The brutal heat ushered residents indoors and shuttered businesses as officials urged people to stay out of the sun's wrath.
Kevin Darras, of IAMDARRAS, sells custom-made T-shirts at Seattle's famed Pike Place Market and on Sunday told Wadell that the weather made a direct impact on his sales.
"The crowds are here, but they’re dissipating early. So we have to get here, get set up, get comfortable and try to make some sales," Darras said. "It’s definitely affecting sales -- probably cut in half. Still lucky to be down here and enjoying the weather. Even if it's hot, we’re staying cool."
Roberto Cedomio prepares his bed at a cooling shelter run by the Salvation Army at the Seattle Center during a heat wave hitting the Pacific Northwest, Sunday, June 27, 2021, in Seattle. Yesterday set a record high for the day with more record highs expected today and Monday. Cedomio said he was glad to have this place available in the heat. (AP Photo/John Froschauer)
At its peak broil, the mercury in thermometers even touched the 115 mark in Pasco, Washington, on Sunday.
In Dallasport, Washington, the mercury rose to a staggering 118 F on Monday afternoon, which tied the state's all-time record high set at Wahuluke on July 24, 1928, and again at Ice Harbor Dam on Aug. 5, 1961.
On Monday, Portland, Oregon, saw temperatures reach 115 as well -- the third consecutive day the city has set a new all-time record high. On Sunday afternoon, Portland Streetcar, a streetcar system in the city, tweeted out a photo of a damaged power cable.
"In case you're wondering why were canceling service for the day, here's what the heat is doing to our power cables," the company said. All streetcar service was shut down due to heat-related power outages on Sunday and later extended into Monday.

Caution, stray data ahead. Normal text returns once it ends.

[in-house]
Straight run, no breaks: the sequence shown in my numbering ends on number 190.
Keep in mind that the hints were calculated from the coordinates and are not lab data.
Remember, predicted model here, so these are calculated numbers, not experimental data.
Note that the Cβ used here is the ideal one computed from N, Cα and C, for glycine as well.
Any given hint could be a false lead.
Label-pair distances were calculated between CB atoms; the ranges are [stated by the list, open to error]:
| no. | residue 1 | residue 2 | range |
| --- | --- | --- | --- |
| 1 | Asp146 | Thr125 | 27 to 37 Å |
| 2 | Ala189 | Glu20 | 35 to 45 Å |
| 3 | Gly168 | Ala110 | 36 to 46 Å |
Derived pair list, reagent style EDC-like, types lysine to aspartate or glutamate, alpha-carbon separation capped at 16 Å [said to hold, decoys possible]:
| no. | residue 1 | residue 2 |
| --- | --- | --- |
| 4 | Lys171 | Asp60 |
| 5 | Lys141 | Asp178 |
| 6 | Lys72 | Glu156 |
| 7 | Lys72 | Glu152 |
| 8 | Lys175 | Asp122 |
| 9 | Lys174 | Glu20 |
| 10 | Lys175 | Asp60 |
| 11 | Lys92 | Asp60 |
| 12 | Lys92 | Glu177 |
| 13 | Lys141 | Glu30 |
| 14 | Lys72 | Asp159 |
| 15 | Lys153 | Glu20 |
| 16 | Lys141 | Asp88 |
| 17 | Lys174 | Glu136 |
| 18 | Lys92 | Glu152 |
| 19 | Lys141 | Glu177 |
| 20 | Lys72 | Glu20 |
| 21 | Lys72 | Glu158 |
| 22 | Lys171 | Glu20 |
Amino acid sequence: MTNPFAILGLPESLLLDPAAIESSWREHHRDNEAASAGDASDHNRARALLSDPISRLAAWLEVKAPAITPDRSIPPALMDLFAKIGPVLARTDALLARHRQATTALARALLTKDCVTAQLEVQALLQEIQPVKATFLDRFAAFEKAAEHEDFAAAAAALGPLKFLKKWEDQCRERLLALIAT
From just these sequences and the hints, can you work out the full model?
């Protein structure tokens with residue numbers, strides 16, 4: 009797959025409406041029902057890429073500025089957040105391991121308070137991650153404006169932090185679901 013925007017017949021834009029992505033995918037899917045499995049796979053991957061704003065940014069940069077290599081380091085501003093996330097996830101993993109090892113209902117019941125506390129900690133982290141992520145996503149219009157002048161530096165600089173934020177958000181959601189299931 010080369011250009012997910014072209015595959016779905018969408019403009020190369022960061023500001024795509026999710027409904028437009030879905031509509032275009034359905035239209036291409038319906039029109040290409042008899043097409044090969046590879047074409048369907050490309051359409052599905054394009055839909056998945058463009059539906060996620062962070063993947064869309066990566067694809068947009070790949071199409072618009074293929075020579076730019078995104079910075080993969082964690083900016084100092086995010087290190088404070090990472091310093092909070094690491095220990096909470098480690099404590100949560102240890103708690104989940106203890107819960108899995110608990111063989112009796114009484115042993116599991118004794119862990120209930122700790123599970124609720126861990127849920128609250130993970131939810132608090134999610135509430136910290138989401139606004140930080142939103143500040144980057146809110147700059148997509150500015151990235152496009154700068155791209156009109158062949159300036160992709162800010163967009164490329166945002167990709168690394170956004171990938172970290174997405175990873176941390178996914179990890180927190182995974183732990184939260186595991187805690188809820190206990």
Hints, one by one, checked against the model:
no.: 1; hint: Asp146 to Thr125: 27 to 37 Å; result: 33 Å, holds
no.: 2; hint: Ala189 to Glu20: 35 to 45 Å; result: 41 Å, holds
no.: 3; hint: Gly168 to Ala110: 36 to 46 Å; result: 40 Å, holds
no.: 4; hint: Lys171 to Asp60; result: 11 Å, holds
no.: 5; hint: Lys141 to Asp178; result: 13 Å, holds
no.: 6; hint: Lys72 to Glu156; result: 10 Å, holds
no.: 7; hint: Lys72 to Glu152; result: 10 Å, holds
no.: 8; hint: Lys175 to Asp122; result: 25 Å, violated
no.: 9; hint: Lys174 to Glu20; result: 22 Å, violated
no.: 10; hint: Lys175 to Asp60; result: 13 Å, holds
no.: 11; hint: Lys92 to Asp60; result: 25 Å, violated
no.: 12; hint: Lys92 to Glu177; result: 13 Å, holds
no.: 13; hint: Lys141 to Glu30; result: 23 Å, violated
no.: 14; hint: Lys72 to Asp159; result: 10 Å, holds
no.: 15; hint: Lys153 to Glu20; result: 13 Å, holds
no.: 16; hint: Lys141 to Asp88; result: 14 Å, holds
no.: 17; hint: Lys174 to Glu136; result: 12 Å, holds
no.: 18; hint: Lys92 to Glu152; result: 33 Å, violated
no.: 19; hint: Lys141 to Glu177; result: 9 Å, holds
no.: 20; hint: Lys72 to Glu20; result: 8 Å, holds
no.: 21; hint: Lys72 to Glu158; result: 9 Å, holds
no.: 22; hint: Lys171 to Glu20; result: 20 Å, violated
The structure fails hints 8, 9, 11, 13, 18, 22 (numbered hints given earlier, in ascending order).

That kind of heat is enough to make any visiting tourists question their vacationing decisions. Eden Marcus, visiting Seattle from Chicago, told Wadell that increased amounts of water and sunscreen have aided in saving the trip.
Seattle record three-straight days of 100 degrees or higher temps. That's the first time on record that has ever occurred, according to the NWS.
"It’s crazy hot. Right now it’s breezy but when you’re standing still it’s insane to be outside for more than a few minutes," he said.
But unlike many others in the city, Marcus' stay includes air conditioning. For residents, such as Sheri Grittman, the heat has been severe enough to consider moving to another state.
Grittman, her husband and their two cats became full-time RVers four years ago, she told Wadell, and the mobile homes one air-conditioning unit is certainly not doing the trick.
"Portland gets triple digits, where I’m from, but not up here, it’s always about 10 degrees cooler always from Portland. Very abnormal," she said.
Two people jump from a pedestrian bridge at Lake Union Park into the water during a heat wave hitting the Pacific Northwest, Sunday, June 27, 2021, in Seattle. Yesterday set a record high for the day with more record highs expected today and Monday. (AP Photo/John Froschauer)
The heat proved daunting enough for Grittman that she even told Wadell on Sunday that she was looking forward to returning to work after the weekend for the sake of air conditioning.
"I’m gonna love work," she exclaimed. "It’s Monday and I’m gonna love work!"
The heat wave's wrath began in earnest last week in Washington before spiking over the weekend. Farther north, high-temperature readings of 116 F in British Columbia broke the all-time record for the highest temperature ever recorded in Canada.
In Oregon, it was in Eugene where the heat may have the most notable impact, forcing a temporary halt to the U.S. Olympic Track and Field Trials on Sunday. Athletes were forced to wait for the brunt of heat to calm down before competition could restart.